Joel DRUM, Plaintiff and Appellant, v. SAN FERNANDO VALLEY BAR ASSOCIATION, Defendant and Respondent.
We hold that a voluntary bar association did not engage in an unfair business practice in violation of the California Unfair Competition Law (Bus. & Prof.Code, § 17200 et seq.)1 (UCL) when, allegedly, it unilaterally refused to sell its membership mailing list to a person who intended to offer low-priced mediation services in competition with higher-priced mediation services offered by some of the association's members. We therefore affirm the judgment of dismissal, entered after the trial court sustained the association's demurrer.
Plaintiff and appellant Joel Drum (plaintiff) alleged that he was a disbarred attorney who intended to offer his services as a mediator at relatively low prices. He wished to solicit members of defendant and respondent San Fernando Valley Bar Association (Association), a voluntary bar association, to engage his mediation services. Plaintiff attempted to purchase from the Association its membership mailing list, which the Association sells to businesses that offer products or services of interest to its members. The Association refused to sell the list to plaintiff, ostensibly on the ground that plaintiff had been disbarred. Plaintiff alleged that this reason was a pretext, and that the Association's true reason for refusing to sell him the list was to protect its members who were mediators from price competition. Plaintiff alleged that this was an unfair business practice in violation of the UCL, and sought a mandatory injunction requiring the Association to sell its mailing list to him.
The Association demurred. The trial court sustained the demurrer with leave to amend on the ground that plaintiff had failed to allege facts sufficient to state a claim. Plaintiff elected not to amend. The trial court entered a judgment of dismissal and plaintiff timely appealed.
In reviewing the sufficiency of a complaint against a demurrer, we accept as true all material facts properly pleaded, but not contentions, deductions or conclusions of fact or law. (Blank v. Kirwan (1985) 39 Cal.3d 311, 318.) When, as here, “a plaintiff is given the opportunity to amend his complaint and elects not to do so, strict construction of the complaint is required and it must be presumed that the plaintiff has stated as strong a case as he can.” (Gonzales v. State of California (1977) 68 Cal.App.3d 621, 635, disapproved on another ground in City of Stockton v. Superior Court (2007) 42 Cal.4th 730, 740; see also Reynolds v. Bement (2005) 36 Cal.4th 1075, 1091; Alfaro v. Community Housing Improvement System & Planning Assn., Inc. (2009) 171 Cal.App.4th 1356, 1372.) In these circumstances, we will affirm the judgment if the complaint is objectionable on any ground raised in the demurrer. (Gutkin v. University of Southern California (2002) 101 Cal.App .4th 967, 981; Soliz v. Williams (1999) 74 Cal.App.4th 577, 585.)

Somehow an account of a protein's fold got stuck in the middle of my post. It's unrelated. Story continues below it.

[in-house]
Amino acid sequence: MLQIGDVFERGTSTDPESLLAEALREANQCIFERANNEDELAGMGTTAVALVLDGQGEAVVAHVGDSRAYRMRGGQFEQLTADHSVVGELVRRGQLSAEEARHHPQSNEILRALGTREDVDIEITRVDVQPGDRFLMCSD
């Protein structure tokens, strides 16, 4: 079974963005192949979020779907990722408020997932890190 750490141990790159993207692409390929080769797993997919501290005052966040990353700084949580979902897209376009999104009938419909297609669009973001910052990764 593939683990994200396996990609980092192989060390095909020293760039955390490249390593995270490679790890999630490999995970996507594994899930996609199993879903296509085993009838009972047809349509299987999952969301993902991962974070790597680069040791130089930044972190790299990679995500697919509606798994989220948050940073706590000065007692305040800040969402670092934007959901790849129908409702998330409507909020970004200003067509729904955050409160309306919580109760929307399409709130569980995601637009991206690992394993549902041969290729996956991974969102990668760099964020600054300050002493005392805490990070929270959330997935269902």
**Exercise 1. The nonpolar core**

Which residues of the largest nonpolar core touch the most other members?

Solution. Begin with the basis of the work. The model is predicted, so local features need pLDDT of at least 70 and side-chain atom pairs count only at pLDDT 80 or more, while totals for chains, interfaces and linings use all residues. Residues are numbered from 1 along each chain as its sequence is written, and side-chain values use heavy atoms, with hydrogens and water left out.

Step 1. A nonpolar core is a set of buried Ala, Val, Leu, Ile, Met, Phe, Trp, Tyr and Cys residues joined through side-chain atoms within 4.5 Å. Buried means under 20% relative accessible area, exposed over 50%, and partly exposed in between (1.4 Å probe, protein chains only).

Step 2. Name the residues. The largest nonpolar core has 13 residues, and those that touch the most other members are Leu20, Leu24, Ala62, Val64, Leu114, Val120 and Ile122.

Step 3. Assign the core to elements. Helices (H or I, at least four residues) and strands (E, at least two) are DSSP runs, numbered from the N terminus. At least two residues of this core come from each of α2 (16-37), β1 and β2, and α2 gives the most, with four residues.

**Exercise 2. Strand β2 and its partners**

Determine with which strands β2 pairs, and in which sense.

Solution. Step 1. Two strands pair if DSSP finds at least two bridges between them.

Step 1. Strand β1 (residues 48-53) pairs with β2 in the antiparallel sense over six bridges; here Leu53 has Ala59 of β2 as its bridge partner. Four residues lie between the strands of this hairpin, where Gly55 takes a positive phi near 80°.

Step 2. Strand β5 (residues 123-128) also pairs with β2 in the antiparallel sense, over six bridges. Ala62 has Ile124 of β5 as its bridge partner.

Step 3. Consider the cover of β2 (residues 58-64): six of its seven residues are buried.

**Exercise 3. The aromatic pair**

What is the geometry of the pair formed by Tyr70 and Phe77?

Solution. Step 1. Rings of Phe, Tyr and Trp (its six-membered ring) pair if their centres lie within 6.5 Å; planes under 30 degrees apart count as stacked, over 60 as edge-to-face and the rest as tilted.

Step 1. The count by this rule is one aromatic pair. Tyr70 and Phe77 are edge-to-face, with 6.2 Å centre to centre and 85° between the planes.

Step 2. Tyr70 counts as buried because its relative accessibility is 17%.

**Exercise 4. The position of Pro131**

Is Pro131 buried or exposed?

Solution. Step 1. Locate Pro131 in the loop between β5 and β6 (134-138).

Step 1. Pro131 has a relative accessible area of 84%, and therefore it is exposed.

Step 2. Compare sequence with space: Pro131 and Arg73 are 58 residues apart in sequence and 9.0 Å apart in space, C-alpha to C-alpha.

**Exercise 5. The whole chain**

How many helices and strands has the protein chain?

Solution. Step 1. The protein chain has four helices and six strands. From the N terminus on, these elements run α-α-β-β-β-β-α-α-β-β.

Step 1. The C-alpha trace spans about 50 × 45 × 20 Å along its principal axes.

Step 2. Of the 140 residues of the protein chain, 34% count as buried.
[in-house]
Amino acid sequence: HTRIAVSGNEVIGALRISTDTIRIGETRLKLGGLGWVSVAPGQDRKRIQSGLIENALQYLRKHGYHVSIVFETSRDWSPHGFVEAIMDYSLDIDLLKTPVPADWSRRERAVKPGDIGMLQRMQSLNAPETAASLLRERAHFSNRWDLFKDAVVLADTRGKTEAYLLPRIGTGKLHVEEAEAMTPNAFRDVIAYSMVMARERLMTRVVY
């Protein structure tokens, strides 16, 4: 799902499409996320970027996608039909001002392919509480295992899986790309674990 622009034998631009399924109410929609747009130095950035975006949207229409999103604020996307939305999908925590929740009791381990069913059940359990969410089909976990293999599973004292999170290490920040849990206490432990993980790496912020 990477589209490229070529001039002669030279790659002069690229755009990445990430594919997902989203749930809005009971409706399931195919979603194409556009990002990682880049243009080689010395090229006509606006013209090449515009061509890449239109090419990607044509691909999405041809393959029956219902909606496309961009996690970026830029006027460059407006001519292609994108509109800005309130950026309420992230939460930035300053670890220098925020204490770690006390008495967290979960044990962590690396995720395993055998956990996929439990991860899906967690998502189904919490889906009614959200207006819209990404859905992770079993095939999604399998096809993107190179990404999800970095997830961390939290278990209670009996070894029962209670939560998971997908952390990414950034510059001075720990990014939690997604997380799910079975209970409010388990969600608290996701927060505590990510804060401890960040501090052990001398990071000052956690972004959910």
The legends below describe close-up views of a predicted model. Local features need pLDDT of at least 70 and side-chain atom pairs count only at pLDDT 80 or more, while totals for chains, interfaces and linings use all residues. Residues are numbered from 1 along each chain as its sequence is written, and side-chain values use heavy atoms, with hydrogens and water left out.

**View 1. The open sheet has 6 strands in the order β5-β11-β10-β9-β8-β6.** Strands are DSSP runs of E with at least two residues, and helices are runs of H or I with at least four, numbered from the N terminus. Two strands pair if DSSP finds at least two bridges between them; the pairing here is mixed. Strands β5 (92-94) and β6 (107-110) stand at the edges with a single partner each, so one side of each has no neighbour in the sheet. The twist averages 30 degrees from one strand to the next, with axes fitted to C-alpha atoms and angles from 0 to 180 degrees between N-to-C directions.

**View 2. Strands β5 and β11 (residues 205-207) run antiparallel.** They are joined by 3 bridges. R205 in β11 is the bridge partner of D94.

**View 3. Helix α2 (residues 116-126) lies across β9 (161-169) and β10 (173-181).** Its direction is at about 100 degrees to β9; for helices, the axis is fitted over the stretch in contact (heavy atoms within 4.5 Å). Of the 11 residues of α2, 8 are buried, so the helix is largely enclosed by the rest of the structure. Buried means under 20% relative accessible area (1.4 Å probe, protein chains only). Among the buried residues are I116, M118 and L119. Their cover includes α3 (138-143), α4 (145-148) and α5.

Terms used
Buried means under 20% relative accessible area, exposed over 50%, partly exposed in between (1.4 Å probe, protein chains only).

The purpose of the UCL “is to protect both consumers and competitors by promoting fair competition in commercial markets for goods and services. [Citation.]” (Kasky v. Nike, Inc. (2002) 27 Cal.4th 939, 949 (Kasky ); McKell v. Washington Mutual, Inc. (2006) 142 Cal.App.4th 1457, 1470.) The UCL “defines ‘unfair competition’ to mean and include ‘any unlawful, unfair or fraudulent business act or practice and unfair, deceptive, untrue or misleading advertising and any act prohibited by [the false advertising law (§ 17500 et seq.) ].’ (§ 17200.)” (Kasky, supra, 27 Cal.4th at p. 949.) Whether a plaintiff has standing to sue under the UCL and whether an alleged business practice violated the UCL both may be resolved at the demurrer stage in appropriate cases. (See, e.g., Citizens of Humanity, LLC v. Costco Wholesale Corp. (2009) 171 Cal.App.4th 1, 22 [failure to plead standing]; Davis v. Ford Motor Credit Co. (2009) 179 Cal.App.4th 581, 598 (Davis ) [failure to allege unfair business practice]; Gregory v. Albertson's, Inc. (2002) 104 Cal.App.4th 845, 857 (Gregory ) [failure to allege substantive UCL violation].)
In his reply brief on appeal, plaintiff conceded that he had failed to allege adequately damages-that is, that he “suffered an injury in fact and has lost money or property as a result of the unfair competition.” (§ 17204.) Plaintiff did not allege that he lost or expended or was denied any money or property as the result of the Association's refusal to sell him its membership mailing list. Plaintiff thus failed to allege facts showing his standing under section 17204 to prosecute an action under the UCL. (Amalgamated Transit Union, Local 1756, AFL-CIO v. Superior Court (2009) 46 Cal .4th 993, 1000; Californians for Disability Rights v. Mervyn's, LLC (2006) 39 Cal.4th 223, 228-229; Hall v. Time Inc. (2008) 158 Cal.App.4th 847, 852-855 [injury in fact may not be “conjectural” or “hypothetical”; injury occurs when the plaintiff expends money, loses money or property, or is denied money to which has cognizable claim]; see also Buckland v. Threshold Enterprises, Ltd. (2007) 155 Cal.App.4th 798, 817 [remedies for a person under the UCL “are restricted to injunctive relief and restitution”]; Korea Supply Co. v. Lockheed Martin Corp. (2003) 29 Cal.4th 1134, 1151 [“ ‘Compensation for a lost business opportunity is a measure of damages and not restitution to the alleged victims' “]; Stern, Business & Professions Code § 17200 Practice (The Rutter Group 2009) ch. 7C., pp. 7-23 to 7-28 (rev.# 1, 2009).) Although the standing issue was not raised in defendant's notice of demurrer2 or addressed by the trial court, a plaintiff's standing to sue is a threshold issue to be resolved before reaching the merits and may be raised at any time in the proceedings, including on appeal. (Buckland v. Threshold Enterprises, Ltd., supra, 155 Cal.App.4th at p. 813.)